Process is not as important to Lien as absorbing as much of what's around her as possible by traveling, meeting and playing with other musicians. "I think the important thing is not to think too much, but to go in there and define what exists. I think it could be very dangerous to go in there and analyze it too much," she says, "Without knowing it, a lot of inspiration is going into your body, and you just bring it back home and it's there. So I try to keep it as open as possible and not to try and think too much about what is right and what is wrong and where it all comes from, but just to do music and enjoy it."
She sees herself as part of a movement among Scandinavian musicians who are using traditional music in more avant-garde ways. Bands such as Utla and Bazar Blå are bringing a sort of "new primitive" sound into the fore. "There's definitely a movement. It's kind of a break-out-of-the-box thing," she says. "I think it's important for the folk scene to have purists and it's very important for the folk scene to have the avant-garde people to widen things. One side gives the other side life and it brings up a lot of discussion, which is good. It's much better to disagree than not do anything. I think it's healthy; it makes it alive."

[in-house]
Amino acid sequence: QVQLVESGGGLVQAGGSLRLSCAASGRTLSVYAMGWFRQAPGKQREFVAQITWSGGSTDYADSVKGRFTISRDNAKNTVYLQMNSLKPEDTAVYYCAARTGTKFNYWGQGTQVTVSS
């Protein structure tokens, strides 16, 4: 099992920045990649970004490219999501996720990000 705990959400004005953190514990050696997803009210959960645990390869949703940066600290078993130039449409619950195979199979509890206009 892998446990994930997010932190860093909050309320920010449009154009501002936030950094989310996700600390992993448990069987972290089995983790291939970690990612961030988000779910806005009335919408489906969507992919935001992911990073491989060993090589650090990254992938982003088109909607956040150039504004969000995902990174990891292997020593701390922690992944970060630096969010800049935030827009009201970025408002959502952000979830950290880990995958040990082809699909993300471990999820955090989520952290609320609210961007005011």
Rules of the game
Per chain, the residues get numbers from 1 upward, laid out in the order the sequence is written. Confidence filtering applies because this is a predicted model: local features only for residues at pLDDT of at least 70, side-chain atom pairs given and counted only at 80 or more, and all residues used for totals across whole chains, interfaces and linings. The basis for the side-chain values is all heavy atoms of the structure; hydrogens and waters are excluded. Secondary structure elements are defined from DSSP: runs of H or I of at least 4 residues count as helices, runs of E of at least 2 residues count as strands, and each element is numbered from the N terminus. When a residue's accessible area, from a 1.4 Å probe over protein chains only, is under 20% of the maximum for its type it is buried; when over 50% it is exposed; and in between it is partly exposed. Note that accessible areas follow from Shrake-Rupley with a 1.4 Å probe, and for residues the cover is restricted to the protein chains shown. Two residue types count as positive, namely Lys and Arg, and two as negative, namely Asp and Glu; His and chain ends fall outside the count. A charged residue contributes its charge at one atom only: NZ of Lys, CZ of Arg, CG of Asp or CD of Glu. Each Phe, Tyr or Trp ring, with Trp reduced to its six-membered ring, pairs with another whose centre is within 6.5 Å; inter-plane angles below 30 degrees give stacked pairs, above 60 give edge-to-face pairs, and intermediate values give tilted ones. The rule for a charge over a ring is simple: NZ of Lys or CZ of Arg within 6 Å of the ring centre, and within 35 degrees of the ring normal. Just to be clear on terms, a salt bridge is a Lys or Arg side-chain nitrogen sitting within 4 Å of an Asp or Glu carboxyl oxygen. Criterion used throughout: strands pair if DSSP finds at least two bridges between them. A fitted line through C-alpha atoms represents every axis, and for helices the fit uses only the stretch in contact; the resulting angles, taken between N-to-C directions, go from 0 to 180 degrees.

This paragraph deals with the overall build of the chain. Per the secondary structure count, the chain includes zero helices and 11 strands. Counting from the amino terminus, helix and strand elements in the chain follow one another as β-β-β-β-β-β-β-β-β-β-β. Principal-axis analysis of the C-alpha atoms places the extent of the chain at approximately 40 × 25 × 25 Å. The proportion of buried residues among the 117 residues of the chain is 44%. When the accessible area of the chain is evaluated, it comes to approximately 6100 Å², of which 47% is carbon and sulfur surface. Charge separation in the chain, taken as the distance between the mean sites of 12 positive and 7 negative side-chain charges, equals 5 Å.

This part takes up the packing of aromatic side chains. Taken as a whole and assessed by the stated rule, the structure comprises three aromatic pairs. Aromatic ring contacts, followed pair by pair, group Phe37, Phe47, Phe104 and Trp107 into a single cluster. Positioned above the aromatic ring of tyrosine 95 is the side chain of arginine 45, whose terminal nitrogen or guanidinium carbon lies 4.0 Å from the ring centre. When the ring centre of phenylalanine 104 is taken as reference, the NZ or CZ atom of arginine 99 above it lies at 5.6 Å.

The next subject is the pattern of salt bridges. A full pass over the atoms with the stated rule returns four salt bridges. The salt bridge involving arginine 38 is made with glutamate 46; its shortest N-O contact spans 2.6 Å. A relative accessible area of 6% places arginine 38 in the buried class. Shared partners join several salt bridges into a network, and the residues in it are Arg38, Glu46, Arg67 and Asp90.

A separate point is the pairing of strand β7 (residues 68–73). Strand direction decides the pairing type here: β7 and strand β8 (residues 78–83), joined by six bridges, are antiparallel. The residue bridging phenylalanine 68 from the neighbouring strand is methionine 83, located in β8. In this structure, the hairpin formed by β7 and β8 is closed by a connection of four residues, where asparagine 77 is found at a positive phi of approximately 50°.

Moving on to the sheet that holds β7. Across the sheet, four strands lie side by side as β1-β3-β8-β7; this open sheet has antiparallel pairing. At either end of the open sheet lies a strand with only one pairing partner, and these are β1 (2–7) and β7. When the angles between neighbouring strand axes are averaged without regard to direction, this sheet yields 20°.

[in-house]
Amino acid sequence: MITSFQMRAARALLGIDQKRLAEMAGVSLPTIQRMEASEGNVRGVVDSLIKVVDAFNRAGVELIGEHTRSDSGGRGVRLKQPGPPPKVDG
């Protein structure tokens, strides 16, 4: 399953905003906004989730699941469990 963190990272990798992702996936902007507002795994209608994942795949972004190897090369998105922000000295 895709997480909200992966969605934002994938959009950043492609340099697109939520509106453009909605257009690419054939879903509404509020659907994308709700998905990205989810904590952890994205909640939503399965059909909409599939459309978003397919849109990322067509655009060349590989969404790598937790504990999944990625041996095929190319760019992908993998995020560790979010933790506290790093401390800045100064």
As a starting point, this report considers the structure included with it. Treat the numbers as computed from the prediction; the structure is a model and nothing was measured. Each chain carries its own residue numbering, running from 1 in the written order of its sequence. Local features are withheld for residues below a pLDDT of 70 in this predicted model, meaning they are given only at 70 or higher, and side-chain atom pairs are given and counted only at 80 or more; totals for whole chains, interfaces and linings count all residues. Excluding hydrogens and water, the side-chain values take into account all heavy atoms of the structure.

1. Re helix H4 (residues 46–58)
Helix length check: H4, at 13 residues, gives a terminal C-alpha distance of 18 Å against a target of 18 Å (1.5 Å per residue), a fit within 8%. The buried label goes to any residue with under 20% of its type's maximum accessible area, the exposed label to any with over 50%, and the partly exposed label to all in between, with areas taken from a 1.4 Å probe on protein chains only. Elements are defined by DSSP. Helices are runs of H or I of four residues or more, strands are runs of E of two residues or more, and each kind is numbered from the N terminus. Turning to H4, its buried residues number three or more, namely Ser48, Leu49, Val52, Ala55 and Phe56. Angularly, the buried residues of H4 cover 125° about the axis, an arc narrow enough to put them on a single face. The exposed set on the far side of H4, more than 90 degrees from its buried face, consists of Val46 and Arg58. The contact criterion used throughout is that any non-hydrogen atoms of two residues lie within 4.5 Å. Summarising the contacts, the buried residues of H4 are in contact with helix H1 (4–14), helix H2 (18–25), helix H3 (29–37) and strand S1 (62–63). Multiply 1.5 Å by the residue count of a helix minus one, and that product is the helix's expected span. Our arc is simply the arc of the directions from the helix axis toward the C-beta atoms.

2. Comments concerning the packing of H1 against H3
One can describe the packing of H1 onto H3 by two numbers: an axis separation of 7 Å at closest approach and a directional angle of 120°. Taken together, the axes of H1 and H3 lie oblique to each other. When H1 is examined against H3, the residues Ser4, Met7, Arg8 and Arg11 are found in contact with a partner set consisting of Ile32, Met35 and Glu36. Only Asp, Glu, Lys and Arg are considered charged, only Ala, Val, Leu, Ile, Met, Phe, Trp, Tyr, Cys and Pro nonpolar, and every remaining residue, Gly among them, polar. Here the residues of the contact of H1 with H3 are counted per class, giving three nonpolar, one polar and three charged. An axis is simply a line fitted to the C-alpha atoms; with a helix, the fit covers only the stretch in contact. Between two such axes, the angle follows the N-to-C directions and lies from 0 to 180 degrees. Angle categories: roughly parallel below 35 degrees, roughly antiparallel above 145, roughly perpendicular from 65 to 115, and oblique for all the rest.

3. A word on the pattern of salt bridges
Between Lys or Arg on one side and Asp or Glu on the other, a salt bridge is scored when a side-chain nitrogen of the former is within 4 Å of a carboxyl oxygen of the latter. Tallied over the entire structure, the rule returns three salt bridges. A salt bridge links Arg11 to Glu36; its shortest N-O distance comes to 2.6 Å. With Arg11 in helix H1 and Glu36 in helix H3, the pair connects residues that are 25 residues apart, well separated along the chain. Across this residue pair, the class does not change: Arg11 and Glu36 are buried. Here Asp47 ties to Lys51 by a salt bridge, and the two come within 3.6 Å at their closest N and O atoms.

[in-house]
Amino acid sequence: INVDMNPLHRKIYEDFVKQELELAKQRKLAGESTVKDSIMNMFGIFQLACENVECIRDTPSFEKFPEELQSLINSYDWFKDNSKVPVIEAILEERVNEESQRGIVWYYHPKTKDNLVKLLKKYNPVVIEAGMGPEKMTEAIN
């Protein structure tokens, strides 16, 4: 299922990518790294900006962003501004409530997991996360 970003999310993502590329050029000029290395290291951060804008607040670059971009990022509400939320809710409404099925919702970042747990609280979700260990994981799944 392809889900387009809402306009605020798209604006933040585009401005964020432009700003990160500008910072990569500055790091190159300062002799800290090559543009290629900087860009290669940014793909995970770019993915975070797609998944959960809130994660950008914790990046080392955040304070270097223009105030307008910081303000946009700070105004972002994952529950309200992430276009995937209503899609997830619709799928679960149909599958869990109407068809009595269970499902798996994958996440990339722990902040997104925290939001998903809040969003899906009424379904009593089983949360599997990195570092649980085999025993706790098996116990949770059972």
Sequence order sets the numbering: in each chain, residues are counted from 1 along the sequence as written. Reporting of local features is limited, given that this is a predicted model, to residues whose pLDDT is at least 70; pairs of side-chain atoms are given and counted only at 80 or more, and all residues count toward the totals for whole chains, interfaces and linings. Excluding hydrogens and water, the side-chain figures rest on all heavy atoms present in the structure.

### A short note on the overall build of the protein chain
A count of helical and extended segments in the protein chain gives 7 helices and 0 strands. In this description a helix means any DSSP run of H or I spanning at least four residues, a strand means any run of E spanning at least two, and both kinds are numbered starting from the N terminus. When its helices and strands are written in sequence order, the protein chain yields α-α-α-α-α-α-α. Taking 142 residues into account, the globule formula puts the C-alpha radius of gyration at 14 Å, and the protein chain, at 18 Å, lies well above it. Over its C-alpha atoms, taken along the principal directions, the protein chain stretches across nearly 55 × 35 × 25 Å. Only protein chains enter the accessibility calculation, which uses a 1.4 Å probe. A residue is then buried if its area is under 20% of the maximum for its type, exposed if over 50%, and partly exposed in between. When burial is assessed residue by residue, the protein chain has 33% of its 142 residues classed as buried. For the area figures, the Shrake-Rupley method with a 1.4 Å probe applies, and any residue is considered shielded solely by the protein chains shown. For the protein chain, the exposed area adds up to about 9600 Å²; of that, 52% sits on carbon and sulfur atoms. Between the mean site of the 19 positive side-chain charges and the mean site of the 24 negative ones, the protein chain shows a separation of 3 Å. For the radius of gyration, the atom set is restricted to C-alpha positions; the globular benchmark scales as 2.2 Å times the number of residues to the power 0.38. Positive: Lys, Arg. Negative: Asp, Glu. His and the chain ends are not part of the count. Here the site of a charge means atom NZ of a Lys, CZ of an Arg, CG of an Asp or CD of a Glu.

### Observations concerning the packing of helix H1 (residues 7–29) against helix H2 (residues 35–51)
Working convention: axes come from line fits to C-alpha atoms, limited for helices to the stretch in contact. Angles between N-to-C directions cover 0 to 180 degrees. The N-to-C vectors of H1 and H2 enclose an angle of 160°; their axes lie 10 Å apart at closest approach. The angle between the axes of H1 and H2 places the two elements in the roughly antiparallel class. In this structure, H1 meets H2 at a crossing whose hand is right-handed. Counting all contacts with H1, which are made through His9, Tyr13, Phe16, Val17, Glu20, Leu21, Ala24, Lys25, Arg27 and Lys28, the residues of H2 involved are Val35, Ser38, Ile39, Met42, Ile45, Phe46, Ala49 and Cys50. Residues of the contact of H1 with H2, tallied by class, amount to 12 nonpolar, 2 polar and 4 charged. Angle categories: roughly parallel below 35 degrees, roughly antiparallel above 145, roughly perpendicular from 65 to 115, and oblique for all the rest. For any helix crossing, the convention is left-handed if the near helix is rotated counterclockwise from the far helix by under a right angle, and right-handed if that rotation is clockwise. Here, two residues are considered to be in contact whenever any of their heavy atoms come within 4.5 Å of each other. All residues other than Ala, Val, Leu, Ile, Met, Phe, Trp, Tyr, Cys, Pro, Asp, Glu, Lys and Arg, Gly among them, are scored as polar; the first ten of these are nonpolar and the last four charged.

"In Norway, there's never been anything other than the completely traditional. Norwegian tradition moves so slowly that you can have control over it," says Lien. "It's not like Ireland, for example, where all of the bands and the modern musicians and artists have brought the folk music expression in their tunes at an early stage. In Norway, there's never been anybody like that to do crossover things in folk music. I think that's why we have such a unique tradition."
Lien feels blessed to have the rare opportunity to follow her own path: "For me, the most important thing is to have a personal relationship to it and not just copy what the others are doing, but find my own roots. It's so important that you take some chances to keep it alive. I've had beautiful people around me all the way with open arms, saying 'Just do what you want to do.' I feel I've been very lucky." - Peggy Latkovich
Read more about the music of Norway on RootsWorld